As will be appreciated by an examination of FIG. 10, with both the push button locks 130 engaged, and hooks 146 engaged into the loops 152, a thief must break open the lid 116 and then break into the second compartment 117 formed by the tray 118 an the lid 116, in order to gain access to any articles stored therein. Moreover, the presence of the second storage compartment 117 formed by the tray 118 and the lid 116 is not explicitly apparent to an unwary potential thief. Even if a thief is aware of the presence of the second storage compartment 117, the difficulty of obtaining access thereto is a substantial deterrence to any attempted break-in. Thus, placement of articles in the second storage compartment formed by the tray 118 and the lid 116 provides more security for the articles than previously available schemes.

Furthermore, the embodiment 110 provides more convenience for the user than other structures used to store elongated, flat sporting good articles such as rifles and fishing rods. As can be seen in FIG. 11, when access to only the larger first storage compartment 111 is desired, the stud 134 of the push button lock 130 is left in its extended orientation engaging the bore (136 in FIG. 9) in the tray 118. In this way, when the lid 116 is lifted to gain access to the first storage compartment, the tray 118 remains in position against the interior surface of the lid 116 and the second storage compartment formed thereby is lifted out of the way of the first storage compartment. This convenient feature of the present invention is in contrast to those schemes for securing rifles and other sporting good articles in a vehicle which are so cumbersome and unwieldy that the user often forgoes use of such schemes.

Referring now particularly to FIG. 12, when access to the second, or secured, storage compartment 117 is desired, the push button locks 130 are released so that the studs 134 retract from the bore 136 in the tray 118 and the lid 116 is moved to its raised position as shown in FIG. 12. The tray 118 remains in place (supported by a ledge 119) and swung away from the interior side of the lid 116 as the lid is lifted and the user has easy access to the articles stored in the secured compartment. The ledge 119 also functions to prevent access to the studs 134 of the push button locks 130 when the second storage compartment 117 is in its closed position. Advantageously, the embodiments of the present invention can provide a larger first storage compartment 111 and a second smaller storage compartment 117 wherein the second storage compartment 117 is not provided at the sacrifice of the size or convenient use of the first storage compartment 111.

Reference will next be made to FIG. 13 which provides a perspective view of another embodiment of the present invention generally designated at 210, which provides essentially all of the features and advantages of the embodiment 110 illustrated in FIGS. 8-12. Similarly to the earlier described embodiment, the embodiment 210 includes a box 212, a lid 216, and a tray 218 with locking structures 228 and 230. The embodiment 210 is particularly intended for use inside the cab of a truck or other vehicle and thus may be smaller, if desired, than the earlier described embodiments. It will be appreciated that the structures of embodiment 210 function in a similar manner to earlier described corresponding structures.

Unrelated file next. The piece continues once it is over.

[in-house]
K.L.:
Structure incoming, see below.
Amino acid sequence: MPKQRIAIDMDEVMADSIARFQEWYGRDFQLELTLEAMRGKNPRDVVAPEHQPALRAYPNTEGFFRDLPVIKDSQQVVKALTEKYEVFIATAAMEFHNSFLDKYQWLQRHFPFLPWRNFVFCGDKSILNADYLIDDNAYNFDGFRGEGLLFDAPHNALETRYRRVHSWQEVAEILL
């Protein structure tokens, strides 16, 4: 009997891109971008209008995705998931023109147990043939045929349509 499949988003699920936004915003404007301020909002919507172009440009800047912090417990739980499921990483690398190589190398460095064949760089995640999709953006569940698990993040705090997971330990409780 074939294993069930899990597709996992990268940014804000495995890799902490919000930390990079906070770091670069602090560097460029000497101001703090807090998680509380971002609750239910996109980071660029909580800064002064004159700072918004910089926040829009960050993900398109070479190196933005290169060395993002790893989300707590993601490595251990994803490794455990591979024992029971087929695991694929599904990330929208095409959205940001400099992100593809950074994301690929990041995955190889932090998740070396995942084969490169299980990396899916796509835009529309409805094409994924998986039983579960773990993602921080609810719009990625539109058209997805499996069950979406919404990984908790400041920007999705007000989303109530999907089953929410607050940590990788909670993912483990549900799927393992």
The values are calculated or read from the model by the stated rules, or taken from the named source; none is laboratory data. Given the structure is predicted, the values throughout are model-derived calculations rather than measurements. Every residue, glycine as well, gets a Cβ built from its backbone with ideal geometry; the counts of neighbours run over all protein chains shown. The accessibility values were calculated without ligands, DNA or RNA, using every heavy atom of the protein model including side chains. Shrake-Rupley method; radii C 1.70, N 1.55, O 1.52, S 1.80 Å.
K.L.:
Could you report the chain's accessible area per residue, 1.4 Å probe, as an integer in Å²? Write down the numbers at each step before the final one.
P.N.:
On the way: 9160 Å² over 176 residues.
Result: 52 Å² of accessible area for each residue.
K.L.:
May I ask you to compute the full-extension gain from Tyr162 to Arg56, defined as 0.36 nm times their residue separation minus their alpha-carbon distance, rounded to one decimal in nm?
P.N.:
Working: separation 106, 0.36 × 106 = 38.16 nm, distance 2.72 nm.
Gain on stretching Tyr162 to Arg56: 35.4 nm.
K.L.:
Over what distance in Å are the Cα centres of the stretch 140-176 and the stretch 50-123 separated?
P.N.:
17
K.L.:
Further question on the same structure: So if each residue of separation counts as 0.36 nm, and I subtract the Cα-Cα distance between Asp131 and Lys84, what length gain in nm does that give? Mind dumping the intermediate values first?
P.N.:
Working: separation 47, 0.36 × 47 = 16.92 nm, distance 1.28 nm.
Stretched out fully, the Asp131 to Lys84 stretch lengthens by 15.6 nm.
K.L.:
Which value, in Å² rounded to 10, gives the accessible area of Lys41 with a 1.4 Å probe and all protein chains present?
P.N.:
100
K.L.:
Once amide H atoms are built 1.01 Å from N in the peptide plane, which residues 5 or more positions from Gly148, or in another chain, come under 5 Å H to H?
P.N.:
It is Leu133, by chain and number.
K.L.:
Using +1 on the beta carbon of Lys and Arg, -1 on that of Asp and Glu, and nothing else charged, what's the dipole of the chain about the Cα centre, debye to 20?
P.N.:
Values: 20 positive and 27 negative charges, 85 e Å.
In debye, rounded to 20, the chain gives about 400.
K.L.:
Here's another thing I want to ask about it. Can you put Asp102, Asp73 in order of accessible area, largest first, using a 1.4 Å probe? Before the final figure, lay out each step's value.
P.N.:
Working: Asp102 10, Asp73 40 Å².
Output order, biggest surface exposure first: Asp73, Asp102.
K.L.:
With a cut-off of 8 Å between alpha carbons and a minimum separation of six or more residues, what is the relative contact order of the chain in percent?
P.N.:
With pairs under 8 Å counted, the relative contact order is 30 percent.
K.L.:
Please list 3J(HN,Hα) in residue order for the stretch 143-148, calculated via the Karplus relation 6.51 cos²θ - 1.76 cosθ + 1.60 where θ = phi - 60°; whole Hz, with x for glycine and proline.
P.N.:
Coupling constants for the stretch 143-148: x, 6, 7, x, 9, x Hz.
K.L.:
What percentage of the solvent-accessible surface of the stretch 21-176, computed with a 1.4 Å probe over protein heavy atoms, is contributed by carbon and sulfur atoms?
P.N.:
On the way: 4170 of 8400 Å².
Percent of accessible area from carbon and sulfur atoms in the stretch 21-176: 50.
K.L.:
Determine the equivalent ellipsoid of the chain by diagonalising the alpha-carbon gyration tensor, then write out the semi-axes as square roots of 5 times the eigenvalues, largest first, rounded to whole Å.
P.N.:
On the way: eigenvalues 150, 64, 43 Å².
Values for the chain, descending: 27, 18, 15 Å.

It is to be understood that the features and structures described in connection with the embodiment of FIGS. 1-7 can also be included in the embodiments represented in FIGS. 8-13.

From the forgoing, it will be appreciated that the present invention provides a storage box which can be carried in a vehicle and wherein valuable articles, such as rifles, shotguns, fishing rods and reels, and other similar sporting goods, can be securely stored. The present invention also provides increased security from theft and damage for valuable articles which are often stored in vehicles and provides a vehicle storage box which camouflages the presence of a secured compartment holding such valuable articles. The present invention further provides a vehicle storage box which requires a thief to break through both a first and a second locking arrangement in order to enter a secured compartment wherein valuable articles are held. The present invention also provides a structure for securely storing valuable articles in a vehicle which is more convenient to use than previously available devices.

The present invention may be embodied in other specific forms without departing from its spirit or essential characteristics. The described embodiments are to be considered in all respects only as illustrative and not restrictive. The scope of the invention is, therefore, indicated by the appended claims rather than by the foregoing description. All changes which come within the meaning and range of equivalency of the claims are to be embraced within their scope.

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Classifications
U.S. Classification224/404, 224/282, 70/159, 70/DIG.63, 70/160, 312/902, 220/522, 206/317, 312/222, 70/63
International ClassificationB60R11/06, B60R9/00, B60R7/14
Cooperative ClassificationB60R7/14, Y10S312/902, B60R9/00, B60R11/06, Y10S70/63
European ClassificationB60R11/06, B60R9/00, B60R7/14
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Jul 16, 2003FPAYFee payment
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Jul 15, 1999FPAYFee payment